The wind was up all week, the tail end of a hurricane blown across the Atlantic.
We had blown in ourselves on a whim to drive part of the Wild Atlantic Highway, seduced by the romance of the name and stopped at Yeats’ Tower and then Coole Park, an unexpected find as we made our way back through Galway to the airport.
It was closed of course, the little cottage and the tower restored by Yeats himself for his wife. Was it this river he wandered and worried for Ireland and his daughter?
A Prayer for My Daughter
Once more the storm is howling, and half hid
Under this cradle-hood and coverlid
My child sleeps on. There is no obstacle
But Gregory’s wood and one bare hill
Whereby the haystack- and roof-levelling wind,
Bred on the Atlantic, can be stayed;
And for an hour I have walked and prayed
Because of the great gloom that is in my mind.
I have walked and prayed for this young child an hour
And heard the sea-wind scream upon the tower,
And under the arches of the bridge, and scream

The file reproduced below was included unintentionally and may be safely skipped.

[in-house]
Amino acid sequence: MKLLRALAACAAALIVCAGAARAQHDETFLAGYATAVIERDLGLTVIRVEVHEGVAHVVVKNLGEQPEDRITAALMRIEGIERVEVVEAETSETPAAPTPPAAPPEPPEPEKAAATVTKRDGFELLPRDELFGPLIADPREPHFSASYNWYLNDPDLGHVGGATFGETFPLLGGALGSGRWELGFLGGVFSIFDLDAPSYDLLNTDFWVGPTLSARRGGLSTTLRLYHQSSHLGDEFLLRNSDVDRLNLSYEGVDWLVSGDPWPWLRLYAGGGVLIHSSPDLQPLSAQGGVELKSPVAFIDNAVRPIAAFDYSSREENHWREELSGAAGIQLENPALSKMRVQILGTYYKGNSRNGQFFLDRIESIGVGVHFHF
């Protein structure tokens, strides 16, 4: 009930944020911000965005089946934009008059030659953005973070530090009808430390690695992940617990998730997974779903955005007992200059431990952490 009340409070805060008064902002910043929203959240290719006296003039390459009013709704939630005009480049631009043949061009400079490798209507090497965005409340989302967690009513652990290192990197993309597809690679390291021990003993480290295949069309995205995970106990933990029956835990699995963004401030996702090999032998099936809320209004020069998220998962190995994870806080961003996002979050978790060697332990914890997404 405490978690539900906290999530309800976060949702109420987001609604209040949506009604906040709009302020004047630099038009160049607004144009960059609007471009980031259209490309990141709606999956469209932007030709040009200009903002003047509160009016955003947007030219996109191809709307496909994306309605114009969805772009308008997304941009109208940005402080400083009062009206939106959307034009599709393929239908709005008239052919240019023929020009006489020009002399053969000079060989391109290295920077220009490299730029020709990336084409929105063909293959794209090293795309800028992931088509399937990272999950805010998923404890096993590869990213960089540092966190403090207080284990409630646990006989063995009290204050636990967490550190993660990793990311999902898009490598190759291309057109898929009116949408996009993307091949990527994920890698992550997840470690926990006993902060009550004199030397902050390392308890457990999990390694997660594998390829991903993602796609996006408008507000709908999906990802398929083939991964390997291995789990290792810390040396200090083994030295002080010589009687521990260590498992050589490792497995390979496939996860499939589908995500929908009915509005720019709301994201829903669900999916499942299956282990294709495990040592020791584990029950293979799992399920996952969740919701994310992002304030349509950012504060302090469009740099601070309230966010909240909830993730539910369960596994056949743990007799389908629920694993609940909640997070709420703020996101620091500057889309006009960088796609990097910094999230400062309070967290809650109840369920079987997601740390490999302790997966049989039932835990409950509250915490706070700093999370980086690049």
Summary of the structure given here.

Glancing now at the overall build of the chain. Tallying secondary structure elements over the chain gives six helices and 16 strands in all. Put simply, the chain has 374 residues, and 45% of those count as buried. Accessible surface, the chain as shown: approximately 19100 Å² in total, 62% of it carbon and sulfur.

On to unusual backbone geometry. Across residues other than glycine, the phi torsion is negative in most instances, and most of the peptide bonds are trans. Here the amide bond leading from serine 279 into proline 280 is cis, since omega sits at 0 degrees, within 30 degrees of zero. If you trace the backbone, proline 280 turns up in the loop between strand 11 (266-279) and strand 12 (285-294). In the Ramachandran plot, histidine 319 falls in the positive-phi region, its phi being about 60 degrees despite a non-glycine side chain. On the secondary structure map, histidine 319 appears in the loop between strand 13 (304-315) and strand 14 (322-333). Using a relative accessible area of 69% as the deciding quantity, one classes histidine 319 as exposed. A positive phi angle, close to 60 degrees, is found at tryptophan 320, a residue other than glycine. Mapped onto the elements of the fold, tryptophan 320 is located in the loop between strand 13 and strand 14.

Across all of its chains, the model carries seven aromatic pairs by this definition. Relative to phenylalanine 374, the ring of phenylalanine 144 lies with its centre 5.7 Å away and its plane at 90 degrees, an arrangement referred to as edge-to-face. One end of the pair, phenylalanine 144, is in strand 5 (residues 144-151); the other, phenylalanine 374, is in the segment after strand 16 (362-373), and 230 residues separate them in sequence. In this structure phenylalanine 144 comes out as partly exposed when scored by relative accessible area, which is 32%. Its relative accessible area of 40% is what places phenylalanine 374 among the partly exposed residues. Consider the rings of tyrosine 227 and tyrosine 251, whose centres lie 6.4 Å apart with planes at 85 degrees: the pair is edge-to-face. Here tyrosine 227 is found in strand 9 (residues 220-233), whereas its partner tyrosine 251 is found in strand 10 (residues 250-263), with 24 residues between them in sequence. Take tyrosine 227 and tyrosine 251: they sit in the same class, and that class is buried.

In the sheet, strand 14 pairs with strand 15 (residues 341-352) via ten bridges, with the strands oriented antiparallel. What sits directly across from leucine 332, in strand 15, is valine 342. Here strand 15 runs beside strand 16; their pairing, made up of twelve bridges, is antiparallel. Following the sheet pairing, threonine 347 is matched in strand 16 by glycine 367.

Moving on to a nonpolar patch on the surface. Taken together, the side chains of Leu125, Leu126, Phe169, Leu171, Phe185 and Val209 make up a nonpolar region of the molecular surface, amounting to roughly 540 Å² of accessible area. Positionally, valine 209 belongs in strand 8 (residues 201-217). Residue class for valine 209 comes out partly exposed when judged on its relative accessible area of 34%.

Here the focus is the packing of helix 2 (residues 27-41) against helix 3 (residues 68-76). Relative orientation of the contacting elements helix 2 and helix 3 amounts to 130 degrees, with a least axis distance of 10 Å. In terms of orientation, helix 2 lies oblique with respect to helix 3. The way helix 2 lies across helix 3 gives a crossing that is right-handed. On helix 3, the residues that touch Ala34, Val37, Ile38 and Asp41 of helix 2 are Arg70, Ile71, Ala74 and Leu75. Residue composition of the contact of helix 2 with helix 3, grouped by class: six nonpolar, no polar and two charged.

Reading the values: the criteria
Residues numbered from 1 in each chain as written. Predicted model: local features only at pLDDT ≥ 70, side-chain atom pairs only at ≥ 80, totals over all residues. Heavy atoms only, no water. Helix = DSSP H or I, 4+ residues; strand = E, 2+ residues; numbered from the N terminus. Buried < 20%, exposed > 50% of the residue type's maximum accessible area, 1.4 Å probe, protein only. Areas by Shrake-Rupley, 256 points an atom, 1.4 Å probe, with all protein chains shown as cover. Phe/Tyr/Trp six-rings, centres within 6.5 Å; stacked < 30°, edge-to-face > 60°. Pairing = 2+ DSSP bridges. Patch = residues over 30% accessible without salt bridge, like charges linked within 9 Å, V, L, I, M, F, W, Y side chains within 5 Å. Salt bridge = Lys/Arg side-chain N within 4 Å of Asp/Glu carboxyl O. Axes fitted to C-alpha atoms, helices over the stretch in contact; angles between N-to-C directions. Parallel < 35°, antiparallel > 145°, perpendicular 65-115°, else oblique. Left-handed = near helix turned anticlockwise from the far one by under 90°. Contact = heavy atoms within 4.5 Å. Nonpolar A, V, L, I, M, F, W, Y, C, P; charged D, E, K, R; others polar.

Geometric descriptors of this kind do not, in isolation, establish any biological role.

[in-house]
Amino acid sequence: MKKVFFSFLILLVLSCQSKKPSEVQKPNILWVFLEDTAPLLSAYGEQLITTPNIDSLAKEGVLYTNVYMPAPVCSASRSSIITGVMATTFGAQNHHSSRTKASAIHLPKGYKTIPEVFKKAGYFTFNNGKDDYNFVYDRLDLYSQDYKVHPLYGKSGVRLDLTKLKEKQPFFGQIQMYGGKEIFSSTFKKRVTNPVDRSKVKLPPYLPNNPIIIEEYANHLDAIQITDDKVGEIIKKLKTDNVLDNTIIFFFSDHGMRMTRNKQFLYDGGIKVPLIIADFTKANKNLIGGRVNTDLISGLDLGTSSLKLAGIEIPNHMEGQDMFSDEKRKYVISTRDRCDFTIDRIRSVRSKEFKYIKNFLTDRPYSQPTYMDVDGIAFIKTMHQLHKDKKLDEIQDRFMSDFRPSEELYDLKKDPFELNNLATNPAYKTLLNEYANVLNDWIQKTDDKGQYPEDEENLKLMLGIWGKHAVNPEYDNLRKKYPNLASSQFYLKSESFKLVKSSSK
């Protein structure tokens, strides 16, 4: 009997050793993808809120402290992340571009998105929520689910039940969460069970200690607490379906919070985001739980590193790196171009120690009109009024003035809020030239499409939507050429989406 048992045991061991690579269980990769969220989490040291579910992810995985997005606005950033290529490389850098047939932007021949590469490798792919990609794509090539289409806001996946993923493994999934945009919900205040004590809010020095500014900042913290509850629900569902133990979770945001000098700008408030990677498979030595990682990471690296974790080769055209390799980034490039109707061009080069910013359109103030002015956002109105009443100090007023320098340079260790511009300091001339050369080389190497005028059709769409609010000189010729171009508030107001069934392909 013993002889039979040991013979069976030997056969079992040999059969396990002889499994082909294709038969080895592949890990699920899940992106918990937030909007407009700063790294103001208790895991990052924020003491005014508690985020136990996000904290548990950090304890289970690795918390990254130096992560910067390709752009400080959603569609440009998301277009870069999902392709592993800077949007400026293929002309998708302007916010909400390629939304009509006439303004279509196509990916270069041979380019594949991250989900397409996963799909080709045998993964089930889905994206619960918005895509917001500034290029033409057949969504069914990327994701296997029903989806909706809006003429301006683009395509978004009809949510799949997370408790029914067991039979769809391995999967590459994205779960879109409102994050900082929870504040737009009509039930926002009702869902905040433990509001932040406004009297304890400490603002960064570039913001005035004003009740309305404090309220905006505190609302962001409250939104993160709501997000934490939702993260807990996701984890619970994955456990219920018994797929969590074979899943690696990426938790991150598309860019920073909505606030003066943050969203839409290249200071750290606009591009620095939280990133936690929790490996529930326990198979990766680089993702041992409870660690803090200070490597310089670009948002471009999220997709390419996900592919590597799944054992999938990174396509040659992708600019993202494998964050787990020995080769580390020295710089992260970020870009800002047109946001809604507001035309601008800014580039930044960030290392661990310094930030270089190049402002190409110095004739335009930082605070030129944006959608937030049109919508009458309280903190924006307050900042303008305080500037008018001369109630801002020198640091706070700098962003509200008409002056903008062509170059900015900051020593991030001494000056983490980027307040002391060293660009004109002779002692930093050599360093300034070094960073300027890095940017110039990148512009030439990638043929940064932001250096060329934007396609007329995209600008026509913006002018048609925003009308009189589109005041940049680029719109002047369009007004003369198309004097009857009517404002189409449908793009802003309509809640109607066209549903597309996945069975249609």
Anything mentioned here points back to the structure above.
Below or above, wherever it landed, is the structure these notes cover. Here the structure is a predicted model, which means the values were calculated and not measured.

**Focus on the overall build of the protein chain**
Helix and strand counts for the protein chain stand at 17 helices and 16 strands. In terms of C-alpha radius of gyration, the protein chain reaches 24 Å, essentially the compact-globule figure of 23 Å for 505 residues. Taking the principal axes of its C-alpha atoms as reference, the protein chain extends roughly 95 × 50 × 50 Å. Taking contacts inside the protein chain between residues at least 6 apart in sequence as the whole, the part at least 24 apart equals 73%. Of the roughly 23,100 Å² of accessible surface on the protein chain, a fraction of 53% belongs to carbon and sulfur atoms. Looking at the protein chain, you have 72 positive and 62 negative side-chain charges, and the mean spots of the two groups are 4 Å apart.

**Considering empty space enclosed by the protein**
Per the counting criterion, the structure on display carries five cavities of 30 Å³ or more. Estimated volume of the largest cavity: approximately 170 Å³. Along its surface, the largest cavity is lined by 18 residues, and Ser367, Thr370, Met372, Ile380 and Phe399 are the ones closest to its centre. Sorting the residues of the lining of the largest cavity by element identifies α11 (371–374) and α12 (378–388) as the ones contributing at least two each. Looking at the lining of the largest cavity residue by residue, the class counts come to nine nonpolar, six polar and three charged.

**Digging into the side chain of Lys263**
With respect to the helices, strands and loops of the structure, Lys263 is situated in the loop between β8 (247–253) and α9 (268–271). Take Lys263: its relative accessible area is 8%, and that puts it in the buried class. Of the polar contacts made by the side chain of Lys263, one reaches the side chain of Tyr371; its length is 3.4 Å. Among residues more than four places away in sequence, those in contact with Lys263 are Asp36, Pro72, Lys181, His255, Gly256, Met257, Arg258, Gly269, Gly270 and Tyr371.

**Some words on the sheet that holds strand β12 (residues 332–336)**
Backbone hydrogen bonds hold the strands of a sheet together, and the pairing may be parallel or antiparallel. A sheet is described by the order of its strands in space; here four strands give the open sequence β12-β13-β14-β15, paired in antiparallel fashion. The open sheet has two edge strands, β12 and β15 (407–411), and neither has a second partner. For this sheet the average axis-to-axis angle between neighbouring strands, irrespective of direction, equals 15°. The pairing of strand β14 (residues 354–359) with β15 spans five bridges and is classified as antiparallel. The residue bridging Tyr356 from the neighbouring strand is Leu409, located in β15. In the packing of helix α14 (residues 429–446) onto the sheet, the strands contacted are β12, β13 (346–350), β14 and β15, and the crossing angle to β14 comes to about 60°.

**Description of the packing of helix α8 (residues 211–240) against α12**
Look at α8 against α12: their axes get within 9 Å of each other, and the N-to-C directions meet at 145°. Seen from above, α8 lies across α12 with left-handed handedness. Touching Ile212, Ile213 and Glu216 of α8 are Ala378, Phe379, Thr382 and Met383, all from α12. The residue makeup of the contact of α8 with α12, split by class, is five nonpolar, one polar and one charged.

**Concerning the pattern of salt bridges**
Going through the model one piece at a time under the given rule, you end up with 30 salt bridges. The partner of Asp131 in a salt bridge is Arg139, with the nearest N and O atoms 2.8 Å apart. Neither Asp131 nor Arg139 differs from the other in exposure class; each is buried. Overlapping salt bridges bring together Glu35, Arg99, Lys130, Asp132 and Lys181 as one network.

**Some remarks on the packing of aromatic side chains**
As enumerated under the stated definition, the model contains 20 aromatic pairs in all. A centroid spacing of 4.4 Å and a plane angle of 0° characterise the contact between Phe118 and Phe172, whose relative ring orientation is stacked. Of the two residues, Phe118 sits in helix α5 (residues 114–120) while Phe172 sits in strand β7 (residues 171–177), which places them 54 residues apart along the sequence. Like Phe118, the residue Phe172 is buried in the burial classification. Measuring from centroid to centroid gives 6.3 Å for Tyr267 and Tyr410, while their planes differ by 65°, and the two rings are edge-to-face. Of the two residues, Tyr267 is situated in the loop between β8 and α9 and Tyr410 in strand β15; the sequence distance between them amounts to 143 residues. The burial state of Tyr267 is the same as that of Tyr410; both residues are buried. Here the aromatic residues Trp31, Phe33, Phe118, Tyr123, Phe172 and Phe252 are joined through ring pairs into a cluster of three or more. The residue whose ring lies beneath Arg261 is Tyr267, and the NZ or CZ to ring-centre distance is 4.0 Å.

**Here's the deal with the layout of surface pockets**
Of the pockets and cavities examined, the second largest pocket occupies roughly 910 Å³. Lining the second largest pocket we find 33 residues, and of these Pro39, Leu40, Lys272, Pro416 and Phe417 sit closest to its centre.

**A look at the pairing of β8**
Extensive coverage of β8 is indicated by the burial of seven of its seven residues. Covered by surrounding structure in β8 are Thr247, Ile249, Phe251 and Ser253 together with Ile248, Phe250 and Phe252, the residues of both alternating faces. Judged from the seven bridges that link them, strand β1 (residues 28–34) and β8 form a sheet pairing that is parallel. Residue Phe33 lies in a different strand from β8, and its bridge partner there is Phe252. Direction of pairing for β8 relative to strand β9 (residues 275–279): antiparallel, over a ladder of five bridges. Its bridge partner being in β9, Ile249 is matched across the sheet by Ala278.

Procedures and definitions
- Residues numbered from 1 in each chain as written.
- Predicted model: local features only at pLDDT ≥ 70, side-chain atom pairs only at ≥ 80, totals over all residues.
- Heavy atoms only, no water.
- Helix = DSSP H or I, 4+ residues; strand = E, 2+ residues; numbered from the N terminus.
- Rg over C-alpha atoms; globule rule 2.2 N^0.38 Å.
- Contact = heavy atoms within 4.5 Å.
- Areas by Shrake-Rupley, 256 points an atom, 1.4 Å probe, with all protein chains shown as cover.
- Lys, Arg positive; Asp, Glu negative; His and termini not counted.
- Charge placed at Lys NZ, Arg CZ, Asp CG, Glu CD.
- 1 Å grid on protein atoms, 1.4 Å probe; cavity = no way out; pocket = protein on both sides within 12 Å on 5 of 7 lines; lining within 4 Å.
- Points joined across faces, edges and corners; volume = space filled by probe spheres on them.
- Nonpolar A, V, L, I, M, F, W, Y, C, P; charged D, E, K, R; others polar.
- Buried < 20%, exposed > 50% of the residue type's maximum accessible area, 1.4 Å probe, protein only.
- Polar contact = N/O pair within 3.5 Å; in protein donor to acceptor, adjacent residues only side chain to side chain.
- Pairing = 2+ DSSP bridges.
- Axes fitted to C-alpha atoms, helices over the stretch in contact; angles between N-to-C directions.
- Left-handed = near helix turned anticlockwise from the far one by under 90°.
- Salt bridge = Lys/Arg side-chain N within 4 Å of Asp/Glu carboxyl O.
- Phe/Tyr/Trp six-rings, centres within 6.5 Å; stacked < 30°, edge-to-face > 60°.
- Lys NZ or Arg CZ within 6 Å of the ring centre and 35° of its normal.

In the elms above the flooded stream;
Imagining in excited reverie
That the future years had come,
Dancing to a frenzied drum,
Out of the murderous innocence of the sea.
A gardener , ruddy faced, rake in hand looked up, surprised, as we passed, not saying anything. The path was thick with wet sycamore leaves themselves covered with large black blight. He waved the rake at them as if by scaring them they would take themselves off. Perhaps it was us he wished to frighten off after all for disturbing the peace of his dank afternoon.
On to Coole Park and time enough before the plane for the walled garden at least. Bronze leaves settled on the few cars in the car park. A man changed his shoes for some serious walking.
‘How’s it going?’ He asked us.
Well, it was good.
The house itself has gone but the walled garden remains, a peaceful place between grey walls and the age and beauty of trees. I wondered if it was symmetry and the elegance of straight lines that gave the place its atmosphere but decided that indeed the garden had its own aura. Possible to imagine Yeats nursed back to health here and inspired by beauty and grace of a patron. Possible to imagine the bygone era and the literary greats flown like swans.
Solitude. This is what you need, the tool collector said
Imagine walking in those footsteps, carving initials in Lady Gregory’s autograph tree, never going out in the lanes, like Synge, but spending all the time in the woods or within the walls of the garden, protected from all sides bordered, secluded writing and thinking.
I would be as the leaf collector – happy to wander, rake in hand, not doing much but soaking it all up.